Tory Government is undermining devolution and making case for independence, claim SNP

SNP deputy leader Keith Brown MSP (Jane Barlow / PA Wire)

THE Conservative Government is “making the case for independence” with its attempt to block Scottish efforts to prepare laws for Brexit, the SNP has claimed.

This week, the Supreme Court ruled one section of the Scottish Government’s Continuity Bill, an alternative Brexit Bill, was outside of Holyrood’s legislative power after a challenge by the UK Government.

Following the ruling, the SNP’s depute leader Keith Brown said it exposed the “astonishing lengths” the UK Government have gone to in a bid to undermine devolution.

Mr Brown said: “With every day that passes, the Tories are making the case for independence.

“The UK Government’s behaviour over the Continuity Bill – exposed this week by the UK Supreme Court – shows the utter contempt with which they are treating Scotland.

“With the UK Government’s approach to Brexit in complete and utter chaos, it’s no wonder the Scottish Parliament didn’t trust Westminster to prepare our laws for life after Brexit.

“But the astonishing lengths the Tories have went to tie Holyrood’s hands should shock all democrats.”

He added: “Scotland never voted for Brexit but we’re having a one-size-fits-all approach imposed on us by a Tory party who simply can’t be trusted.

“It is now clearer than ever that Westminster is simply not working for us and that only independence will put Scotland’s future in Scotland’s hands.”

Most MSPs had voted in favour of the legislation put forward by Scottish ministers as an alternative to the EU Withdrawal Act, which was then challenged by the UK Government.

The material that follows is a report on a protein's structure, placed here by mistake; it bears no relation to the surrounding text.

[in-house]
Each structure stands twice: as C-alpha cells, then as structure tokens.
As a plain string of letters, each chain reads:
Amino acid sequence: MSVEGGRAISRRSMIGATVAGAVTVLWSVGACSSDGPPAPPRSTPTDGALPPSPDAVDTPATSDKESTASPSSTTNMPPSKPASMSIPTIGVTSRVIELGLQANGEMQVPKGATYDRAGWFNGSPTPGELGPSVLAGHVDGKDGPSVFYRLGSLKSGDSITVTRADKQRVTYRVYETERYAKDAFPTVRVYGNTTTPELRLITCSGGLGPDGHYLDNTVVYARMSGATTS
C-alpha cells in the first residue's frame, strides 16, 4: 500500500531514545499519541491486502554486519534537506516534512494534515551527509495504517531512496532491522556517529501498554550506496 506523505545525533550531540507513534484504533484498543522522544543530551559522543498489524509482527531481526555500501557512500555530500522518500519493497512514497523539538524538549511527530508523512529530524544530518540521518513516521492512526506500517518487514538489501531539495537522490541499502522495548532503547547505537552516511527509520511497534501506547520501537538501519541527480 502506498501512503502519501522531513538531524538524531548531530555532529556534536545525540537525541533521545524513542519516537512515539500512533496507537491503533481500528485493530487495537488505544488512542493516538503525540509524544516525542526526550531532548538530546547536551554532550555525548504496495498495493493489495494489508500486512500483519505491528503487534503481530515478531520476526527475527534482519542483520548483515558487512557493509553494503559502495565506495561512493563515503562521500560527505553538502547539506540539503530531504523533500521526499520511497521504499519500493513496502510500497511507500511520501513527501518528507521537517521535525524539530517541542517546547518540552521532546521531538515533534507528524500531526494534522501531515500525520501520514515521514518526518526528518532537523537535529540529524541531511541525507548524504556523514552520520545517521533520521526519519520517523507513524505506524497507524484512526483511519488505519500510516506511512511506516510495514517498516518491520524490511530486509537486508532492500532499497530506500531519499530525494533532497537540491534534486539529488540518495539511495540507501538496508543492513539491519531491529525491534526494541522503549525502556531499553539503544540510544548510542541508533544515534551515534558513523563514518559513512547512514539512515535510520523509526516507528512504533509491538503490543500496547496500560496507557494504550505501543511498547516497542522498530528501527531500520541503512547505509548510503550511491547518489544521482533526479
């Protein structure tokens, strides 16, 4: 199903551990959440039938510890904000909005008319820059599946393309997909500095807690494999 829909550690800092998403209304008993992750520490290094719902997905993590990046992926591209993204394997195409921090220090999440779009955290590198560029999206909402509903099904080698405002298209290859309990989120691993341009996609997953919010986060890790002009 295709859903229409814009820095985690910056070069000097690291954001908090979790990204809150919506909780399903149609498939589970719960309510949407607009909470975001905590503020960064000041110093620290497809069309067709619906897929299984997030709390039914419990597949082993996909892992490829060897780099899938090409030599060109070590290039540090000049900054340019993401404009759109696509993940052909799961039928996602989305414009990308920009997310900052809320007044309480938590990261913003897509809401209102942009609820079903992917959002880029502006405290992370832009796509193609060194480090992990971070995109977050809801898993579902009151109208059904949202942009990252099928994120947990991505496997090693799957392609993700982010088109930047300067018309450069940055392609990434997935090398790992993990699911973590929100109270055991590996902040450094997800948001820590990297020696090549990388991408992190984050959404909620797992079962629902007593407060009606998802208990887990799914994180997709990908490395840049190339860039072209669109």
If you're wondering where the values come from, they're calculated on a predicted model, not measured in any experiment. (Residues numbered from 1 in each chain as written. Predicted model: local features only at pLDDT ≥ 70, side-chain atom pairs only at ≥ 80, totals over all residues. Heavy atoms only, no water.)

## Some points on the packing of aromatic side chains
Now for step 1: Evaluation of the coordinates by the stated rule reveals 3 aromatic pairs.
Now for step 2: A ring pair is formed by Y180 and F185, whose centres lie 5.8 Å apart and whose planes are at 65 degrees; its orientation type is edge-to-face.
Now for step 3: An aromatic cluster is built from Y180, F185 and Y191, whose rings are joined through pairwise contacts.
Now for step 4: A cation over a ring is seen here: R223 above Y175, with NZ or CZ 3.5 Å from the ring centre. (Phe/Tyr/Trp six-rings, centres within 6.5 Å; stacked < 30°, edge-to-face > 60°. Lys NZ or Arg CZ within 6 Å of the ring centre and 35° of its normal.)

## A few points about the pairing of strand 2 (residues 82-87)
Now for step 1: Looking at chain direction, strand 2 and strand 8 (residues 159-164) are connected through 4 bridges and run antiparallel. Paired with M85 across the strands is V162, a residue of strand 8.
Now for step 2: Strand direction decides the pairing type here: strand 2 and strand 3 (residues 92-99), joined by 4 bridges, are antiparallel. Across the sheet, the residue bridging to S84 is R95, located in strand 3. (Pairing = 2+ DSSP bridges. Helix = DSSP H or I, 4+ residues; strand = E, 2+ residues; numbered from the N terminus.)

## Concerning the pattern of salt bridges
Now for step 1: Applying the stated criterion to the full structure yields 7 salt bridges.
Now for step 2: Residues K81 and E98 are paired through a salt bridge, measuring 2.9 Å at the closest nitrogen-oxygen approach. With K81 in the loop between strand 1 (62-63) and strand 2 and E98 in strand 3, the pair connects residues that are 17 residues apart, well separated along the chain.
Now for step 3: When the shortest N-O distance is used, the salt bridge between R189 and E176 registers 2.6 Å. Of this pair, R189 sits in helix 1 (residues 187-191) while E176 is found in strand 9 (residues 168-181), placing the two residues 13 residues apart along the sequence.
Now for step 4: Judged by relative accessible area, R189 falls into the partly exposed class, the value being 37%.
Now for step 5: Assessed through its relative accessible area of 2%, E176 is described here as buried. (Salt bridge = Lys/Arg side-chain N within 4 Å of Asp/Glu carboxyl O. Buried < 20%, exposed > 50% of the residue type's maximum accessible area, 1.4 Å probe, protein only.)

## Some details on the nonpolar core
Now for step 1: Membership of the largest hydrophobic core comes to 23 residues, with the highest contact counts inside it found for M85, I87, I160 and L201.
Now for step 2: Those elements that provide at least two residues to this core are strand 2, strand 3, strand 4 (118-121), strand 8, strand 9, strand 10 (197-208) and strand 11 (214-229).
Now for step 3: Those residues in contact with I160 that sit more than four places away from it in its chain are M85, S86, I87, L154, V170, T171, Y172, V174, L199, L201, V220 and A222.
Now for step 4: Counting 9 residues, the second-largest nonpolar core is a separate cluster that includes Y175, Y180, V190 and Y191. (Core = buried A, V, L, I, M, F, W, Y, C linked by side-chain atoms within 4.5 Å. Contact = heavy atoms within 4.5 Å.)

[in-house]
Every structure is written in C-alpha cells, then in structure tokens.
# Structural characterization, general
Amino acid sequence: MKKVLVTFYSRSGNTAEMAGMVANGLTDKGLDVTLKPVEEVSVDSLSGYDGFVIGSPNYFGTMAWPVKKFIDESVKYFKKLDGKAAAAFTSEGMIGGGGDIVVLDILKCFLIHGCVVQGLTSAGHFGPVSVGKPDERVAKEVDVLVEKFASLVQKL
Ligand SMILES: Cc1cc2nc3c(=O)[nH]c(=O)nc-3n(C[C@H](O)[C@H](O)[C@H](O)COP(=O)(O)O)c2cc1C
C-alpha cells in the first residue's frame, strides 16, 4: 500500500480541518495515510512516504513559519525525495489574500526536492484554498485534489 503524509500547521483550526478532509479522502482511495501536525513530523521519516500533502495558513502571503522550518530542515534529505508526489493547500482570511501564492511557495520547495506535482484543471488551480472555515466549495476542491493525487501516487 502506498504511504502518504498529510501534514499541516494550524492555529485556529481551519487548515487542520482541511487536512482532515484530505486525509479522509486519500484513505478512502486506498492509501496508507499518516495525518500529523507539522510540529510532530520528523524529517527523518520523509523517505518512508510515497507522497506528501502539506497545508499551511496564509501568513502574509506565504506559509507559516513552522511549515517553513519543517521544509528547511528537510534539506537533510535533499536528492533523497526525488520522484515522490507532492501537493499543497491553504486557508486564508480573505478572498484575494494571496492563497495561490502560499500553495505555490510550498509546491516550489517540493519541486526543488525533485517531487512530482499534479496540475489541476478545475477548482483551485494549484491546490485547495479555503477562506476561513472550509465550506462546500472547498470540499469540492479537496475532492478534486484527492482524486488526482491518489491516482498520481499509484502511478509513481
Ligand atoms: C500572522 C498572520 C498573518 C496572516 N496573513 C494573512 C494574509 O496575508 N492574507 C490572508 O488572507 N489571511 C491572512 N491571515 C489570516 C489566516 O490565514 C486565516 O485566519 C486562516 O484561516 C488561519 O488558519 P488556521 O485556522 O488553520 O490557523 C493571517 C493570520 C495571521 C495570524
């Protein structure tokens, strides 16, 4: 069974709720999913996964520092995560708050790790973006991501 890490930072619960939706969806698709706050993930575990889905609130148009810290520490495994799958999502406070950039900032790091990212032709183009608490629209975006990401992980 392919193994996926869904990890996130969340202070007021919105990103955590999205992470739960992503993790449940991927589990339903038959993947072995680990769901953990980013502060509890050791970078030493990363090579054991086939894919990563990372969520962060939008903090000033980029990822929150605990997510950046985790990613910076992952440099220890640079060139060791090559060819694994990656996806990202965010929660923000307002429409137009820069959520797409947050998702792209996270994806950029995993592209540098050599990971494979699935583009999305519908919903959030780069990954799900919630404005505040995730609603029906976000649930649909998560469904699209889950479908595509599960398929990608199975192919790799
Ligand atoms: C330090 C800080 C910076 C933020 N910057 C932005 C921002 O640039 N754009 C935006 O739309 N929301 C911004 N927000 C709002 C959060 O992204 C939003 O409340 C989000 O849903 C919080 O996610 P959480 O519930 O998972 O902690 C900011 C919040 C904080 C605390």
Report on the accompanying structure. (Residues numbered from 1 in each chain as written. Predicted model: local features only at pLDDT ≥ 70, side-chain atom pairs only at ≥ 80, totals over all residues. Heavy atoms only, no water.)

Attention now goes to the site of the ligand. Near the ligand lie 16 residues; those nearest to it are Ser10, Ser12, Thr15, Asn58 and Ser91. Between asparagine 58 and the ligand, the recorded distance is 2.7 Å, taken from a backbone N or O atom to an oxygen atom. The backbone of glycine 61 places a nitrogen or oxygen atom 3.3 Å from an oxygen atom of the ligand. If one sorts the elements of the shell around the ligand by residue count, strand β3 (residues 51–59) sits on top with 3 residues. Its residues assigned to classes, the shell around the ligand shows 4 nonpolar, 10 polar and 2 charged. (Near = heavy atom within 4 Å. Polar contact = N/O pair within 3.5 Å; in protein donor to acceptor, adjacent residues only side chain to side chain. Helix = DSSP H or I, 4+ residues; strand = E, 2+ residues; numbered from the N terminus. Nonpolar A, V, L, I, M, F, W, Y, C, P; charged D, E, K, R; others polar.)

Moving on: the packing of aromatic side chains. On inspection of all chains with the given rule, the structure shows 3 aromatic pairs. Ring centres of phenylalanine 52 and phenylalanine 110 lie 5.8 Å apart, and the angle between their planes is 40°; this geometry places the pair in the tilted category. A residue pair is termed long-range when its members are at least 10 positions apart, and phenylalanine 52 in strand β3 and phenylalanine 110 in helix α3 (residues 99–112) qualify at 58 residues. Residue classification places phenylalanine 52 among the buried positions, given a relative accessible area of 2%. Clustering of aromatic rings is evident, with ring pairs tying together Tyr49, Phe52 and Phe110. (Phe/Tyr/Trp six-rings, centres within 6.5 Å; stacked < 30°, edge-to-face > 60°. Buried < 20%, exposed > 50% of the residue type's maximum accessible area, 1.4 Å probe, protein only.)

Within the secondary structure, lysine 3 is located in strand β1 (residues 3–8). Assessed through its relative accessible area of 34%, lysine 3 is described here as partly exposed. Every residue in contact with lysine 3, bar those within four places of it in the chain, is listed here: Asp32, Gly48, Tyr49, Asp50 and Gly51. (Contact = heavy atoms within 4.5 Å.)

The Scottish Conservatives opposed the Bill and have now said it should be scrapped.

Speaking after the court’s decision, Tory constitutional spokesman Adam Tomkins said: “Today’s Supreme Court ruling is a clear, unambiguous and of course unanimous judicial vindication for those of us who considered that the SNP’s so-called continuity bill unlawful.”

Mr Tomkins claimed the Supreme Court “has eviscerated the Bill, leaving it in tatters”.

But Scotland’s top law officer, Lord Advocate James Wolffe QC, told him: “It’s clear that at the time this Parliament passed the bill, it was – in its entirety with the exception of one section – within the competence of this Parliament.”

He told MSPs the EU Withdrawal Act – which was passed by Westminster but which the Scottish Parliament did not consent to – had subsequently imposed “new limits on the legislative competence of this Parliament”.

Constitutional Relations Secretary Mike Russell branded the legal challenge an “act of constitutional vandalism” by the UK Government and said he would speak with other parties about amending the Bill.

He added: “For the first time ever, UK law officers delayed an act of the Scottish Parliament from becoming law by referring it to the Supreme Court.

“Then the UK Government, for the first time ever, invited the UK Parliament to pass a Bill which they knew would cut the powers of the Scottish Parliament without its consent.”

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